I got some really bad news today. News that an old co-worker, one who I would call a friend, at least for a season, killed himself recently. He had gone through a difficult life change and apparently grew depressed and ended his life.


It hit me. Funny how news that like causes us to look inward – to regret – to think of all the things we would’ve been willing to do for the person had we known. But people in desperate times don’t usually let us know how desperate they are.

Many times, I don’t think they even know themselves.

I’ve always been very optimistic overall. Always felt that storms that come will pass and that I’ll be better for having endured it. I’ve always felt, particularly the older I get, that people who are rude or unfriendly to me are doing it more because of what’s going on with them than anything to do with me, so I try not to internalize stupid little things that people say or do (or don’t say or do).

Yesterday after a company meeting, one of my coworkers tells me that the speaker came up to him and said “you gave me a dirty look after my talk”. He was incredulous. If anything, he was starting blankly (as most of us were) after the speaker reviewed a half hour of financial data (one guy actually snored and had to be nudged). Perhaps he was stifling a fart and had that strained, pained look on his face (I know that one). But the younger man who gave the talk took it as “a dirty look”.

I give him credit for speaking up about it, but its so interesting how an action (or non-action…the guy was just sitting there) that had absolutely nothing to do with the speaker could be taken so badly.

Jesus warned us that offenses would come. He told us that there would be trials and troubles. He never promised a trouble free, stress-free life. He just promised us that’s He’d be there, that God loves us and that we should love one another as He loves us.

It’s pretty simple and I suck at it. Most of us do.

For all the little offenses I have given to any of you reading this, most if not all of them unintentional, I apologize to you. For not having a kind word when you needed one. For not being available physically or emotionally. For not having the capacity to show you that I care and that I love you – I am sorry.

We all, I believe, at least most of us, the very best for those around us. We all intend the best for our families, for our spouses, for our loved ones. Even for our acquaintences. Yet most of it dies in the intention process. Most of it never quite surfaces the way it needs to, because of time pressure, because of stresses, because our minds are elsewhere.

That’s why people cling so tightly to the little compliments they receive or a thank you or just a little bit of simple understanding. Being kind to one another makes such a difference and I’m the worst at it with people who are closest to me and around all the time.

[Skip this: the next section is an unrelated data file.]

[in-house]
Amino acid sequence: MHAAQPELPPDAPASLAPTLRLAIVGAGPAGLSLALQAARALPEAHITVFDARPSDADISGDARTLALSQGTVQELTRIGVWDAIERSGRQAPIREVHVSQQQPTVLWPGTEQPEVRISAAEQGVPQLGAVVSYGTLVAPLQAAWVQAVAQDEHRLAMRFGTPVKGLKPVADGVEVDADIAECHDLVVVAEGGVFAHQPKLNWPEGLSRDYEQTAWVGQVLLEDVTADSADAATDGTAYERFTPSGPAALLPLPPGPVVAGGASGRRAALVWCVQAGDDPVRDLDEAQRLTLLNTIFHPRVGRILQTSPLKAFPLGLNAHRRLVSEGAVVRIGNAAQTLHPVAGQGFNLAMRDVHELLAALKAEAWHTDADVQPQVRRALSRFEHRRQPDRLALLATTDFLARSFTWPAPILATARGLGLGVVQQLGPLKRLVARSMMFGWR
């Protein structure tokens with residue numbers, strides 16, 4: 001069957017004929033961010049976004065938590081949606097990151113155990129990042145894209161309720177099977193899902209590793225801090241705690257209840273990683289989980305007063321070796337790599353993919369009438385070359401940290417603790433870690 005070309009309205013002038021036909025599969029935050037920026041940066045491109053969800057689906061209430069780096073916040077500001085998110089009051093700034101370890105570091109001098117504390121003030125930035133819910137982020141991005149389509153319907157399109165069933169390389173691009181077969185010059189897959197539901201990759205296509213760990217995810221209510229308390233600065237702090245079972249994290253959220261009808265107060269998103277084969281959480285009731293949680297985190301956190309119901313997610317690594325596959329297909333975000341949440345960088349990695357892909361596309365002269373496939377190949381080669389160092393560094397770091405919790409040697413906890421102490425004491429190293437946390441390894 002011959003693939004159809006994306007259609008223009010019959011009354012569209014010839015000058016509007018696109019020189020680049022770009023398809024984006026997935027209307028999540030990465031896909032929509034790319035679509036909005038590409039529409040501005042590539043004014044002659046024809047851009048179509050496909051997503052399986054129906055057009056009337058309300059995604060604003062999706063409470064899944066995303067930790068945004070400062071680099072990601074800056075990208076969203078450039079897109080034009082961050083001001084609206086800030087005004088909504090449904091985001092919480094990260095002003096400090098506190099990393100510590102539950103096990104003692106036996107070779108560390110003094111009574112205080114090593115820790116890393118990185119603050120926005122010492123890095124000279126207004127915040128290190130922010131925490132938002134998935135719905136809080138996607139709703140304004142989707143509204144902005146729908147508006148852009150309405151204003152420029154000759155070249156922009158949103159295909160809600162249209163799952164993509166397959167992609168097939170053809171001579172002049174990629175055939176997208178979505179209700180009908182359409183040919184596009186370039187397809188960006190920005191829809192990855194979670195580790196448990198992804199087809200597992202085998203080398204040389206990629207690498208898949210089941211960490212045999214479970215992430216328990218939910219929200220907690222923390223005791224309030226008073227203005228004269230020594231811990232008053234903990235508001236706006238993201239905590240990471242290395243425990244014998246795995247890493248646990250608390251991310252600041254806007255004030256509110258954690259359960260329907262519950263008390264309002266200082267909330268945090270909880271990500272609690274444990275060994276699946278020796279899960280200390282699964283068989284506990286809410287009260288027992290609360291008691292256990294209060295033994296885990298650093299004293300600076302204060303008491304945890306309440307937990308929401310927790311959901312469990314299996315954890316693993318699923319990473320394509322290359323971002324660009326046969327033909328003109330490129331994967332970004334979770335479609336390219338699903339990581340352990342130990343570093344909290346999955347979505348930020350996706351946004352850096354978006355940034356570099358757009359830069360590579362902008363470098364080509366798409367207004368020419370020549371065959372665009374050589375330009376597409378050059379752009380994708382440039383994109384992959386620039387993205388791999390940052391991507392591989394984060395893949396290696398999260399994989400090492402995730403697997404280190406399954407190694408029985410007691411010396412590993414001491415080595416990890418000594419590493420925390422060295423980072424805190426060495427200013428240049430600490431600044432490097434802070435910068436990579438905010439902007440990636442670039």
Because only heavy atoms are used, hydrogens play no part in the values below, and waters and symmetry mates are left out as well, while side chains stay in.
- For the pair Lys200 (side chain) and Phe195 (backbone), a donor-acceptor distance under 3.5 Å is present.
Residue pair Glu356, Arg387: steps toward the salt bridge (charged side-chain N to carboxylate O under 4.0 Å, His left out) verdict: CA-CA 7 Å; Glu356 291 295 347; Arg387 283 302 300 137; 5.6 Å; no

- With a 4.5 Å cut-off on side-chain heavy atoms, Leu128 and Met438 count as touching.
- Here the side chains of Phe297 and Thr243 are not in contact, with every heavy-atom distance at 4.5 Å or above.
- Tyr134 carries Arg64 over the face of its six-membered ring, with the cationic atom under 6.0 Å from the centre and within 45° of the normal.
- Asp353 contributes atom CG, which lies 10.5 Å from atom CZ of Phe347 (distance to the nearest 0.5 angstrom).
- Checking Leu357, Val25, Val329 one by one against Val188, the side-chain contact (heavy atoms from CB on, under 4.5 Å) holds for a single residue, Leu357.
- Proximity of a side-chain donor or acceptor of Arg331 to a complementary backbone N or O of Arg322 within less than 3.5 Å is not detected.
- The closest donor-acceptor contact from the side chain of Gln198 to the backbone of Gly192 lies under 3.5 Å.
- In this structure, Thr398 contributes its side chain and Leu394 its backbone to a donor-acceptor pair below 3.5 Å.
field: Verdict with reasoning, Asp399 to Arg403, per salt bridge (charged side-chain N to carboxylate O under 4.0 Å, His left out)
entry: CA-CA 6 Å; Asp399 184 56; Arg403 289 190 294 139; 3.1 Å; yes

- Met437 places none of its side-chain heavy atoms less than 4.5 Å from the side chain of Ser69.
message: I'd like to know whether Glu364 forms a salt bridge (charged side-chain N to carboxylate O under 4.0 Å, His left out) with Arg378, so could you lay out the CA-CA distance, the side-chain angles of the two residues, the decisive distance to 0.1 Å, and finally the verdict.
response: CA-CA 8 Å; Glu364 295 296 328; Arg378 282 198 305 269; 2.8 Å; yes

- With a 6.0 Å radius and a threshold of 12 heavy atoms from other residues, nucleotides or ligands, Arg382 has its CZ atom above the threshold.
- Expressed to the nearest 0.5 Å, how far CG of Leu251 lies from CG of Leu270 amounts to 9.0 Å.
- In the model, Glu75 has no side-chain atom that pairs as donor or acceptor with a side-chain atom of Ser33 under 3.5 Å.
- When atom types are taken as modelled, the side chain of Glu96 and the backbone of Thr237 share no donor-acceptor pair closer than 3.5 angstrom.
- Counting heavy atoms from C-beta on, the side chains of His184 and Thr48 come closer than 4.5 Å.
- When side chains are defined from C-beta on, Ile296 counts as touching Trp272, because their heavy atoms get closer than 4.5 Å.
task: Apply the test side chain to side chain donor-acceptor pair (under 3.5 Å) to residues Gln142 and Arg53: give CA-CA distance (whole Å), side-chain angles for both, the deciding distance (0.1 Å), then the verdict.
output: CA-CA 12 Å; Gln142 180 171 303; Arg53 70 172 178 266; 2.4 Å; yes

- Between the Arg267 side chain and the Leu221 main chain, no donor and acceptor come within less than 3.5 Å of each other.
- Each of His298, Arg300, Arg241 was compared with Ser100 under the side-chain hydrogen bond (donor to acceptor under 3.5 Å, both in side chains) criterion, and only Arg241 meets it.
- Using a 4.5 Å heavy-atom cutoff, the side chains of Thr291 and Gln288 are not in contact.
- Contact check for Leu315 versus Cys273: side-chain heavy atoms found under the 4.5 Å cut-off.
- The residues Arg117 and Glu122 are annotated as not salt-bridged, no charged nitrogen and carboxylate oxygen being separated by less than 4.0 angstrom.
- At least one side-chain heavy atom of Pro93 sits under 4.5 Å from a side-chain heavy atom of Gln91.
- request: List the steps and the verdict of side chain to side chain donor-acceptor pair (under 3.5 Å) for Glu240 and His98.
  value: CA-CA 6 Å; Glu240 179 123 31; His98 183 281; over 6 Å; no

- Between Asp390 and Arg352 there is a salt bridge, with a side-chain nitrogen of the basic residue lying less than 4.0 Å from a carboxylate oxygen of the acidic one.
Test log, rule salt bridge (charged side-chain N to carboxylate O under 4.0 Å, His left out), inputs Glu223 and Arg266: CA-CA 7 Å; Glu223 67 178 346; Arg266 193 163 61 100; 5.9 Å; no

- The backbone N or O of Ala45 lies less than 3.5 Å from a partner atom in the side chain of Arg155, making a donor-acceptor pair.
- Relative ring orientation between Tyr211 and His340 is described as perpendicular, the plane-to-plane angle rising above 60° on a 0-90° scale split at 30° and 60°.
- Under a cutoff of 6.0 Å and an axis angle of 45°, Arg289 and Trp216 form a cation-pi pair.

Oh, to really reflect the love that God has for those around us the way He’d have me to. To really risk exposure and put myself out there. To really give myself away. Its something that we all want to do but fear. John tells us that perfect love casts out fear. Paul tells us that it is patient, kind, etc. We all have the capacity for it, because God gave us that capacity, but only through dependence on Him can we really show it. Only through faith can we love perfectly. Only by risking ourselves in one way or another does it become real.

I wish I had given my old friend Kevin an unexpected call or email or something. I wish I had reached out at a critical time. I didn’t know. I didn’t sense his pain over time and distance and years separated. My hope for him is that he reached out to You as I believe he did years ago after one of our chats. My hope is that he is in a better place. My hope is that those who knew him don’t think poorly of him because of what happened. He believed in hard work, was a great employee and always was a pretty upbeat guy. Troubles seemed to roll off of him most of the time. I miss him now even if I didn’t really miss him when he was here.


May God perfect in me the capacity to show His love. He is the source of it. He really is. Not some evolutionary cellular level electrical impulse, but a living God. He cares enough to overlook our bad decisions. Even permanent bad decisions. Thank God.

To Kevin. You were loved, even if from a distance. May I someday have the chance, and the courage, to tell you that on the other side. May that courage be more present in me today.


Jeff McKinney
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Jeff McKinney

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Jeff McKinney
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